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Migration — Re-Migration — Circulation: South Asian Kulis In The Indian Ocean And Beyond, 1840–1940

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Chapter Summary


The loss to the poorer societies involved the investment in raising and educating (or, at least, training) before migration children and adolescents who, after migration, would invest their human capital and pay their dues to the society, i.e. taxes, in a different country. Routes in the seas and across oceans left no trace that historians, not seafarers themselves, could discern. Knowledge of the world was created as much through seafaring and human seaborne mobility and migrations and its scholarly and philosophical analysis as through land-based surveying and interpreting. Concentrating on the seas may be as limiting as the landlubber's single-minded emphasis on continents. It is littorals with water's edge technologies that connect the two and offer a choice between land- and water-centered modes of transportation.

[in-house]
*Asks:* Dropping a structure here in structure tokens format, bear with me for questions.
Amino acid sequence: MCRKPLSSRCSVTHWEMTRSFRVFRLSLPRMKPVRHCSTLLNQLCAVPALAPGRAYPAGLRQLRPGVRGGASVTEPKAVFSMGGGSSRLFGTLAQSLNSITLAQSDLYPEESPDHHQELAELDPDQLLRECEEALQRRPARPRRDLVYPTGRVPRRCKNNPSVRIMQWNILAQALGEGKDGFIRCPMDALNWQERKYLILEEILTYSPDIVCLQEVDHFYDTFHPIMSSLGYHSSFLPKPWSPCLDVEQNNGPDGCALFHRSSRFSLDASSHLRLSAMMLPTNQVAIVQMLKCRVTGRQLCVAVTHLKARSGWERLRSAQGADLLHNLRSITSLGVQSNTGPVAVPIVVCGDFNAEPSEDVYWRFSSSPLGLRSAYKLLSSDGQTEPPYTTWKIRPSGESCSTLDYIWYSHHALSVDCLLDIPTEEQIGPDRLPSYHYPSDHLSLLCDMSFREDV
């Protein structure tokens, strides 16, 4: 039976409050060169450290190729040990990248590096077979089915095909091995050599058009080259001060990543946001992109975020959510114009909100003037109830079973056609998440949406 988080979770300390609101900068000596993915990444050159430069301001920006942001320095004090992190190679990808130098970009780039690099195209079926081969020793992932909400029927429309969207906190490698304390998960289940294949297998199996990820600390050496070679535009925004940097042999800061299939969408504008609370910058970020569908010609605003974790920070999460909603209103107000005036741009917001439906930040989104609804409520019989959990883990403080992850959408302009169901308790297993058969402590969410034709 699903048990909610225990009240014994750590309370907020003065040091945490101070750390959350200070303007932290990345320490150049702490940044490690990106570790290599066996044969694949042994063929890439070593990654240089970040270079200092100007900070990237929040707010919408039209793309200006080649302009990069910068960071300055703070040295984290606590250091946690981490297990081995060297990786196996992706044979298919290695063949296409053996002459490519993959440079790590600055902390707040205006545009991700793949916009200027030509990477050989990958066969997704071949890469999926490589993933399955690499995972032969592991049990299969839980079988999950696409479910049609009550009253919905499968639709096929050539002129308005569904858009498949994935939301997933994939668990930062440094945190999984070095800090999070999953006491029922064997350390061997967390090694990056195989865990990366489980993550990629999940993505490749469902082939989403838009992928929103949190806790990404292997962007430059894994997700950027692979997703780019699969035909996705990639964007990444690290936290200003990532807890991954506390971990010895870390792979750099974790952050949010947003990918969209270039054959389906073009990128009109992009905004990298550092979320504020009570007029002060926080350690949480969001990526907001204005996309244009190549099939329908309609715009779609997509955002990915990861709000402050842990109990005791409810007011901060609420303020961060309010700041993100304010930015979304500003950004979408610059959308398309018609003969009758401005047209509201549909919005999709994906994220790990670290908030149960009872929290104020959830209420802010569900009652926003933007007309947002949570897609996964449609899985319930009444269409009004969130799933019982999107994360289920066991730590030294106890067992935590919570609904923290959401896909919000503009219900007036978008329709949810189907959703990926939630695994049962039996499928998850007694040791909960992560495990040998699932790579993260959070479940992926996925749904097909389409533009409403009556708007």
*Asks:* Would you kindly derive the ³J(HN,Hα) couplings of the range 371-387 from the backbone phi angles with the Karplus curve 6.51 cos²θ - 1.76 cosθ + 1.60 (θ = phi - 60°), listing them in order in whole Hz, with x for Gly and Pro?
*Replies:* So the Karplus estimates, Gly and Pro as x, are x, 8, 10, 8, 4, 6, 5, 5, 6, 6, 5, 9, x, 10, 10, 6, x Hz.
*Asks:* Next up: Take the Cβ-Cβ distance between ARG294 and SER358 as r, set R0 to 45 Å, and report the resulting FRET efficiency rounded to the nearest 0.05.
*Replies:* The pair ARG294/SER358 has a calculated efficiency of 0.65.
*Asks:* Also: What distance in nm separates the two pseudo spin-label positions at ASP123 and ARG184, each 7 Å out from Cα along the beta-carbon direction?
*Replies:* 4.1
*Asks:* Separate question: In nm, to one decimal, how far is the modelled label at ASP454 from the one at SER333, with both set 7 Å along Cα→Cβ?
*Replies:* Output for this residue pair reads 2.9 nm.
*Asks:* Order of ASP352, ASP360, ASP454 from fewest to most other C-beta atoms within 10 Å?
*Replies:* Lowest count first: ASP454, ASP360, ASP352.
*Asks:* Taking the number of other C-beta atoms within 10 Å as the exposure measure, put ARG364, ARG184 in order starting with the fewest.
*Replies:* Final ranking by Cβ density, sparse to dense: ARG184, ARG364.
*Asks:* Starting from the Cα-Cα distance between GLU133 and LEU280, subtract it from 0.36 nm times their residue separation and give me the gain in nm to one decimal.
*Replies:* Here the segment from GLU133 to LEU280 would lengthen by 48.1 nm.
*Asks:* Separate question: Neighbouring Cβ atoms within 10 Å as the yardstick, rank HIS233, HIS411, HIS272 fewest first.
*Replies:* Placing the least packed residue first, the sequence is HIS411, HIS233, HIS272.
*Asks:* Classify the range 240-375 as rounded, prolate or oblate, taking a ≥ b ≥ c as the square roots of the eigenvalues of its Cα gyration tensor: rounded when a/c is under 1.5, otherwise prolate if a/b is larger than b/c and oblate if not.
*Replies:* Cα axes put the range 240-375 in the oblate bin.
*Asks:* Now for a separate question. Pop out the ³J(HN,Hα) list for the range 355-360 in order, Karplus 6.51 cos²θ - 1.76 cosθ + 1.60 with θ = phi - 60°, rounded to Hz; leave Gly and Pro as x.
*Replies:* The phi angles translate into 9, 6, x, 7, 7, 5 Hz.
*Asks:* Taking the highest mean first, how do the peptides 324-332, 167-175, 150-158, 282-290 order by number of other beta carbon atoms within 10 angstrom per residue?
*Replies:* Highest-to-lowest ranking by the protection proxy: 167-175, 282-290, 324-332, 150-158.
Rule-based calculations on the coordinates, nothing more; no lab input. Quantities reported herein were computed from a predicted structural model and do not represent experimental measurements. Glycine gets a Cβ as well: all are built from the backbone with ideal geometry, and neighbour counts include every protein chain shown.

Keywords:migration; seaborne mobility; seafarers; seas


In the late nineteenth and early twentieth centuries Southeast Asia was one of two main destinations of mass migration (the other being the United States) and Indian and Chinese labor migrants dominated migration flows. This chapter analyses the important pathways linking the British Empire, the complex exchanges, and opportunities associated with the global trade in commodities, and labor crossings in the region. It examines the forces that shaped Indian emigration to Southeast Asia against the backdrop of India's pivotal role in the region and the interconnections between different societies in Asia. The chapter focuses on Indian Ocean crossings and Indian labor migration to Burma and Malaya to establish and explain these imperial and global connections.

Keywords:Burma; Chinese labor migrants; Indian labor migration; Indian Ocean crossings; Malaya; Southeast Asia




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